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Hi, I am about to buy an antique colt SAA .455 Eley (London Pall Mal stamped, manufactured 1878, exelent contition). I want load blackpowder cartridges, and the .45 colt is the desirable caliber to reload.
The seller (who is not a shooter) claims that it chambers .45 colt perfectly, and it will shoot it fine, though it is manufactured for .455 Eley.

My question is, will it shoot .45 Colt and if so, is it rechambered (will this hurt the value of the gun)?

I'm new here, and i will appreciate any help!

Thanks, Carl

Colt SAA London Colt 45 LC (1).jpg Colt SAA London Colt 45 LC (6).jpg Colt SAA London Colt 45 LC (7).jpg Colt SAA London Colt 45 LC (15).jpg Colt SAA London Colt 45 LC (16).jpg
 

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I have no idea, but I can't wait to see the responses. I am lucky enough to have a nice 455 SAA. I have never thought of shooting it! You are a braver man than I.

Beautiful gun, btw. May I ask the asking price?
 

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It would depend on whether the chambers have the "ball-seat" as it was called back then or if they were bored straight through as was done with cartridges loaded with heel-type bullets like .41 and .38 Colt in their early permutations. If they are bored straight through they would accept .45 Colts but that's not the same as saying they should be fired in it. The "ball-seat" appeared after cartridges were loaded with bullets with their full diameters fitting inside the cartridge case.
 

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Discussion Starter · #4 ·
Skywalker:
He was originally asking $6189, but since he messed up the previous order for another .45 colt, he would step down to $4580. I live in Norway, and antique gun prices are sky high, so I think the price he was giving me was fair. Unfortunately it was not the gun I was looking for at this moment...

MLV:
Thanks for the info, I will make a pass on this one then.
 

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FWIW, a 455 will fit in a 45 colt chamber. The headspace is loose but they fit and fire with lower recoil.
 

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Oh, and as a nice addition, I have a 1911 in 455 with British proofs! I haven't shot it either. Two 455 Colts!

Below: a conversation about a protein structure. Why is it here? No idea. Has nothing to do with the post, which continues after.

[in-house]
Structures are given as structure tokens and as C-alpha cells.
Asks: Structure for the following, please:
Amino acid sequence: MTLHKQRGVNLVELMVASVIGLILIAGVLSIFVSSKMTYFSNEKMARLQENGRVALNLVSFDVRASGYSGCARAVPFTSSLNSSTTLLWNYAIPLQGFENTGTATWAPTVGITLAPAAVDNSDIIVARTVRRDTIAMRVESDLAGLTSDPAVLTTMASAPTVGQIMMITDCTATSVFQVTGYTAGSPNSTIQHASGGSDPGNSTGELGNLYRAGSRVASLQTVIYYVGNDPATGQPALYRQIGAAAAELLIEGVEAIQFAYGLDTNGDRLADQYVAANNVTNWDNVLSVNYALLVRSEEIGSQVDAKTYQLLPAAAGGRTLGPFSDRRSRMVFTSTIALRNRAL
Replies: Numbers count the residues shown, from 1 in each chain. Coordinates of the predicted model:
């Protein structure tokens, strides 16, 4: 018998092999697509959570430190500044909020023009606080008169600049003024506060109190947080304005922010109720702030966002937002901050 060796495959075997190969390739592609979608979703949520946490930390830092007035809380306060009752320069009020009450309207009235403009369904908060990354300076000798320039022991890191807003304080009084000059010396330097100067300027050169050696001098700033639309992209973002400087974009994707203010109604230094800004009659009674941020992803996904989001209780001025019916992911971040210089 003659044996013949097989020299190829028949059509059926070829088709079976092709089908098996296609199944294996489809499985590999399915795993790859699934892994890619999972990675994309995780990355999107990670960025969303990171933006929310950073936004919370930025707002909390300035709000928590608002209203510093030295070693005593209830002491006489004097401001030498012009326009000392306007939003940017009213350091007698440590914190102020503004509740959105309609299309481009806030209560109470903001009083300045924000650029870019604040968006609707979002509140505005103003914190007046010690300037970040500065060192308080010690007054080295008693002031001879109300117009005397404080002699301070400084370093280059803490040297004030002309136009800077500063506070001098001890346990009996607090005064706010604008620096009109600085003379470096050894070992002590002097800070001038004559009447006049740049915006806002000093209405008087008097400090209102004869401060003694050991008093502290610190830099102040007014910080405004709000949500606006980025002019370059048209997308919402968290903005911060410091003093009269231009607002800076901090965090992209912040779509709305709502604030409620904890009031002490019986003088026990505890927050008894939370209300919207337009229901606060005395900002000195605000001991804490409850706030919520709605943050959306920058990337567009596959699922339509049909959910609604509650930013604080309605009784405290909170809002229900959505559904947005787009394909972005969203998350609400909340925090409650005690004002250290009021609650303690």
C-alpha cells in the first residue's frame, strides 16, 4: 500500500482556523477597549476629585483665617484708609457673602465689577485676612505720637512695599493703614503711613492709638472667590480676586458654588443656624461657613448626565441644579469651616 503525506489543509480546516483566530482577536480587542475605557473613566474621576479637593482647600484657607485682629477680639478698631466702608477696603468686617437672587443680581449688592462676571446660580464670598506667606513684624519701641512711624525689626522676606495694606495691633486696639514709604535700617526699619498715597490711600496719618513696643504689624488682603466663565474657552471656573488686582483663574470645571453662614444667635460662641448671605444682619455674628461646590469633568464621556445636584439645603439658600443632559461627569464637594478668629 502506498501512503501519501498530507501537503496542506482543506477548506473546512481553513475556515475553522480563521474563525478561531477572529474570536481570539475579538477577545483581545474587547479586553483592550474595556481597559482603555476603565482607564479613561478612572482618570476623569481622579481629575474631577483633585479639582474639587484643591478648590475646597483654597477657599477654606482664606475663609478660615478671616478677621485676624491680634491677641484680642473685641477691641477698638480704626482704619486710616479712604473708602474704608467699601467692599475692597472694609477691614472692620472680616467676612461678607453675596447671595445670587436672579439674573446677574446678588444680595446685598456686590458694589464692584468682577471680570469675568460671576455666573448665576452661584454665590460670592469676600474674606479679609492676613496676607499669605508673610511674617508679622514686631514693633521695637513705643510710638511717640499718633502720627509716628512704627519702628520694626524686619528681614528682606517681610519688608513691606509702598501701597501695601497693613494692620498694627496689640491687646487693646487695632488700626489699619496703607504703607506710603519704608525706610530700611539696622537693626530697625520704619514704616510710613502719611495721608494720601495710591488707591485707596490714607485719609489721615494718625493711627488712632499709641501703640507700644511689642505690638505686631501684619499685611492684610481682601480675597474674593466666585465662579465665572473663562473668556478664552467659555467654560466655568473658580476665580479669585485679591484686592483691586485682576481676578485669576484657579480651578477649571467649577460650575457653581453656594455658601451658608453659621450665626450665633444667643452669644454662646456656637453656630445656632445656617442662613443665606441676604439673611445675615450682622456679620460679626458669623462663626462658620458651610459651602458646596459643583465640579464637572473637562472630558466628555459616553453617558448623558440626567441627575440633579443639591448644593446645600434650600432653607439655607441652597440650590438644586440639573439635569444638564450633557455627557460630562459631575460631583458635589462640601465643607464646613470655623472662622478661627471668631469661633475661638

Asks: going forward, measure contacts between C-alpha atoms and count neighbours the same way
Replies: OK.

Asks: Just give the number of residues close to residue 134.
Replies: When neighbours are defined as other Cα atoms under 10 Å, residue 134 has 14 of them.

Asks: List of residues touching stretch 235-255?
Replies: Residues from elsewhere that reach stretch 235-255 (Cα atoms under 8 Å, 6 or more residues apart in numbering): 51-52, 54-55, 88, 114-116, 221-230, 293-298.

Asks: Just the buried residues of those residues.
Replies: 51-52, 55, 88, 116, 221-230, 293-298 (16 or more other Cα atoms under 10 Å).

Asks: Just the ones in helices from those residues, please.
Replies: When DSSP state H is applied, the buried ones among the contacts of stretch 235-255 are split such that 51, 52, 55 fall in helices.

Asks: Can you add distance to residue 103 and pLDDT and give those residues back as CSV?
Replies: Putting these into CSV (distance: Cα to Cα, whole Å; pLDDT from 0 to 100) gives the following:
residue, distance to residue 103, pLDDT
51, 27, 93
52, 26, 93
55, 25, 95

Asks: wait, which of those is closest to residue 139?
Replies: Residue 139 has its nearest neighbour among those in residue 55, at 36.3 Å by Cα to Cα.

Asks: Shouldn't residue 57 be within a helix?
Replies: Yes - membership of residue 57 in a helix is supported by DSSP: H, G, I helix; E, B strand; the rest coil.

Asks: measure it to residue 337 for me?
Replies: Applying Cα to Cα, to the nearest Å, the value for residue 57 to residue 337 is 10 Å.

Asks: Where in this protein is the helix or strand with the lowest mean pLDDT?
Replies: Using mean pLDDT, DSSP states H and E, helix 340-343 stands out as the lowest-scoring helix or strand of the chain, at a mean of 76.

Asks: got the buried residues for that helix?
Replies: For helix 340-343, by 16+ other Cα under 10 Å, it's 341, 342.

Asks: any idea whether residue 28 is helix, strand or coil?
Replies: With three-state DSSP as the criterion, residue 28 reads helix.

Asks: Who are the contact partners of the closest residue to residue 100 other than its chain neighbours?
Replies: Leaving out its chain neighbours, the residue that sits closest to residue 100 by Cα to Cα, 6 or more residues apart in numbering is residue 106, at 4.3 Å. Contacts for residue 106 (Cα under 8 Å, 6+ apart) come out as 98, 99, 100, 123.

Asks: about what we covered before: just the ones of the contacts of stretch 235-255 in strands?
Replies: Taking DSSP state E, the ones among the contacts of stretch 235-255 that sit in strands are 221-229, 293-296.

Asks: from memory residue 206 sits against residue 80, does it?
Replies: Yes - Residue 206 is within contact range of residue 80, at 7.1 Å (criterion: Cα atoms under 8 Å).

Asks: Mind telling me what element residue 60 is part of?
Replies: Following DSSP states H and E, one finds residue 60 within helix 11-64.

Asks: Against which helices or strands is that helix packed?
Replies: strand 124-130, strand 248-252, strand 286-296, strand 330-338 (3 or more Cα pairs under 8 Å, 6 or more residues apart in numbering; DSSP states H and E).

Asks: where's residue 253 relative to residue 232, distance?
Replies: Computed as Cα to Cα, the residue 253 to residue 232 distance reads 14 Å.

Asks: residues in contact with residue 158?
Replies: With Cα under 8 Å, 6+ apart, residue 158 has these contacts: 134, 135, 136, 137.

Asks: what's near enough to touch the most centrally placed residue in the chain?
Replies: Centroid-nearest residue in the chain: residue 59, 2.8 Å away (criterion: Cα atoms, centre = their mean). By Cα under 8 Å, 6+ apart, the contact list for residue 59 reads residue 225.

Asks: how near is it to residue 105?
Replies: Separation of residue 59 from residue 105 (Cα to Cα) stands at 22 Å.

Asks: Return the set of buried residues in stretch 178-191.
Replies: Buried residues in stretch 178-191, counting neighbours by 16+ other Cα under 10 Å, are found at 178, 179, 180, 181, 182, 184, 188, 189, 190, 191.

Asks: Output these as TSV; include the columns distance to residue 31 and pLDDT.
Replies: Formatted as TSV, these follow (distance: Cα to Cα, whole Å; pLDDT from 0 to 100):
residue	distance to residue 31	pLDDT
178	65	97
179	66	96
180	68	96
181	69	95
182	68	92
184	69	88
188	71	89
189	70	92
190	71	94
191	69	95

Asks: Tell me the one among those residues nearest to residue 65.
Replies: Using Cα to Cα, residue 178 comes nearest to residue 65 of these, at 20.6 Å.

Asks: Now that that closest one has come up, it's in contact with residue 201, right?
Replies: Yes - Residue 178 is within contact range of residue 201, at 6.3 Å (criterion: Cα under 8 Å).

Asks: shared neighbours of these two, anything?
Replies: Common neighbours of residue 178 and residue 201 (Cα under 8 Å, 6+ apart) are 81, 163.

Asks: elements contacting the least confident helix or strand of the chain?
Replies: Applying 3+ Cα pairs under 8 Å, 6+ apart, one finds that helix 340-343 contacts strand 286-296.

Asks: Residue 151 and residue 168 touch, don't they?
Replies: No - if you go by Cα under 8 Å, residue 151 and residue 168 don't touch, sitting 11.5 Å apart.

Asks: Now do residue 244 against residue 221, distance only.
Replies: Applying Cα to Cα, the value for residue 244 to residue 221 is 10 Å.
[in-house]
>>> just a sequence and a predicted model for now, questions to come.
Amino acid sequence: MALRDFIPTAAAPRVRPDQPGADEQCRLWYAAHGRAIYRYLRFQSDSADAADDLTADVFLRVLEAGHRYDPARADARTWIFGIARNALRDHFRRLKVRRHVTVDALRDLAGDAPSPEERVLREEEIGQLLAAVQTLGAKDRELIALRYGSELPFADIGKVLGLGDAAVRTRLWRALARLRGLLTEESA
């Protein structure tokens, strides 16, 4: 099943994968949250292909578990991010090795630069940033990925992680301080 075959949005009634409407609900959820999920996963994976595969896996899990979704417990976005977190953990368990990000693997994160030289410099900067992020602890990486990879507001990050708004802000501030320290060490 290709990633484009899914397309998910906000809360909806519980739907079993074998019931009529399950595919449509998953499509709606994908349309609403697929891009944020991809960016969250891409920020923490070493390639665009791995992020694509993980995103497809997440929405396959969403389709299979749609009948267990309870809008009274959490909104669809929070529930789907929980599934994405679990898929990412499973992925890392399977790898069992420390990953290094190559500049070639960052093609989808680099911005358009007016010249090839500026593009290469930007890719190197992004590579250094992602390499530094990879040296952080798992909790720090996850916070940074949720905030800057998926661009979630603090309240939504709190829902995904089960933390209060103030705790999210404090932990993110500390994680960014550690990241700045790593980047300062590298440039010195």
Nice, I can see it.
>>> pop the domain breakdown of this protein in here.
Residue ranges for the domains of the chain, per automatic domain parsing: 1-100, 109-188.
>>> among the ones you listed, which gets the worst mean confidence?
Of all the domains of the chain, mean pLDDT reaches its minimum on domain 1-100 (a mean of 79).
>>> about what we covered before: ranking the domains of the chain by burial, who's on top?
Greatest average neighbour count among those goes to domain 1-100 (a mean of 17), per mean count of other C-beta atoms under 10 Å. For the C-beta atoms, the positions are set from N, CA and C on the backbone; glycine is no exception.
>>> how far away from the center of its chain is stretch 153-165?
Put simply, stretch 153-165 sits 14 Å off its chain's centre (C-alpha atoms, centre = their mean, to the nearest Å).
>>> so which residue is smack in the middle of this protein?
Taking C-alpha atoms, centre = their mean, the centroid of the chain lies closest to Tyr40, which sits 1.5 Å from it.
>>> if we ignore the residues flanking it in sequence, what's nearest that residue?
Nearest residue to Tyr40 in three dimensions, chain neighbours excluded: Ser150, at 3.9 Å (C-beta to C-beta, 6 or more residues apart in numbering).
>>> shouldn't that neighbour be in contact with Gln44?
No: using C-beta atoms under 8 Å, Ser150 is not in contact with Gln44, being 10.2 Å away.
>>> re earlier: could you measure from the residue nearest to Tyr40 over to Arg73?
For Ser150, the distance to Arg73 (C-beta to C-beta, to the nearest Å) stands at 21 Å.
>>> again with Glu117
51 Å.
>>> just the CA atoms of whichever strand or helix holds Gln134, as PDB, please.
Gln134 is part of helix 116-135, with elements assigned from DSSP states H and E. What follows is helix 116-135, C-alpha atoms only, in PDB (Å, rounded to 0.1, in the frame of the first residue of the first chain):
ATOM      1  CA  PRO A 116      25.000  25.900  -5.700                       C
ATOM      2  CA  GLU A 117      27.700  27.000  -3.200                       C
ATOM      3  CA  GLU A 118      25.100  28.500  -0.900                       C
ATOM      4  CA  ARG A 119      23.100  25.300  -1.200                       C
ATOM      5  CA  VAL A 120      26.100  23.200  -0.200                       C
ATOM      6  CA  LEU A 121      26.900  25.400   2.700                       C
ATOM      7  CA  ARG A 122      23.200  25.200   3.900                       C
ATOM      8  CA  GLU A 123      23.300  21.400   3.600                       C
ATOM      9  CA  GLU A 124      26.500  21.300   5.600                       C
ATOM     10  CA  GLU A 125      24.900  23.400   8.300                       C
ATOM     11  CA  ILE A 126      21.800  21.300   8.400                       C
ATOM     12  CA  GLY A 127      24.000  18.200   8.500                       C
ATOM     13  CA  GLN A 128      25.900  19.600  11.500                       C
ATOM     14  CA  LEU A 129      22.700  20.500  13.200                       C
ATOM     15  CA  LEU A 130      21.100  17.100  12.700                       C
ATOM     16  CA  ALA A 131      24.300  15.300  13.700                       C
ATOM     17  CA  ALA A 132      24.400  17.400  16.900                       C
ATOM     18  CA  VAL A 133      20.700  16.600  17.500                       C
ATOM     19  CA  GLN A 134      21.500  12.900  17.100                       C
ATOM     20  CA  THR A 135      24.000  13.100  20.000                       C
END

My father was a fanatic for things with British proofs, so we always searched for these items.
 

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Hi, I am about to buy an antique colt SAA .455 Eley (London Pall Mal stamped, manufactured 1878, exelent contition). I want load blackpowder cartridges, and the .45 colt is the desirable caliber to reload.
The seller (who is not a shooter) claims that it chambers .45 colt perfectly, and it will shoot it fine, though it is manufactured for .455 Eley.

My question is, will it shoot .45 Colt and if so, is it rechambered (will this hurt the value of the gun)?

I'm new here, and i will appreciate any help!

Thanks, Carl

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Carl, since you live in Europe why dont you try this guy for a single action, I have bought from Ives in the past , great guy to deal with and very resonable price's .

Wild West Treasures - Home
 

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A .455 has a thinner rim than the .45 Colt so a .45, if the chambers of the .455 are not shouldered, may enter and slide home but the cylinder will not rotate because the thinner head space of the ,455 will not allow it. But, the .455 chambers are most likely shouldered so no go. Fiocchi (?) sells .455 Webley loaded ammo and it should be available in Norway. Reloading dies are also probably available in Norway by special order.
 

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A .455 has a thinner rim than the .45 Colt so a .45, if the chambers of the .455 are not shouldered, may enter and slide home but the cylinder will not rotate because the thinner head space of the ,455 will not allow it. But, the .455 chambers are most likely shouldered so no go. Fiocchi (?) sells .455 Webley loaded ammo and it should be available in Norway. Reloading dies are also probably available in Norway by special order.
I assume those are smokeless rounds? This SAA should be fired, if at all, with BP only. Just a heads up.
 

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I am not aware of any 455 SAAs with charge holes (chambers w/o shoulders or 'ball seats'), therefore if it chambers 45 Colt, the chambering can not be original. The chamber shoulders have been deepened and the rear face of the cyl or the recoil shield have been shaved at least .015" for 45 Colt rims to fit in the head space.

Or the chambers were recessed .015" for 45 Colt rims to fit. If that's the case, the wider rim of the 455 will still allow 455 cartridges to chamber and fire reliably.

Ask if there's a shoulder in the chambers and if the chambers are recessed?
 

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As was mentioned before, the rim of the .45 Colt is thicker, while the rim of the .455 is greater in diameter. Shaving the face of the recoil shield is one way to accommodate the thicker rim, and it works ok if the cylinder is long enough to accept the Colt cartridge. Sometimes, even if the cylinder is long enough, unless bored straight through, the chamber is not. Another method, which i have seen on several .455 New Service revolvers, is to carefully ream the cylinder for .45 Colt. This depens the chamber and results in very slight counterbore on the cylinder's rear face. A revolver so modified will accept and shoot both cartridges. This conversion appears to have been fairly common in the Fifties when Britain was selling guns out of service. Certainly a more elegant solution to ammunition supply problems than the importers of S&W British .38-200 revolvers who reamed them to .38 Special.

 
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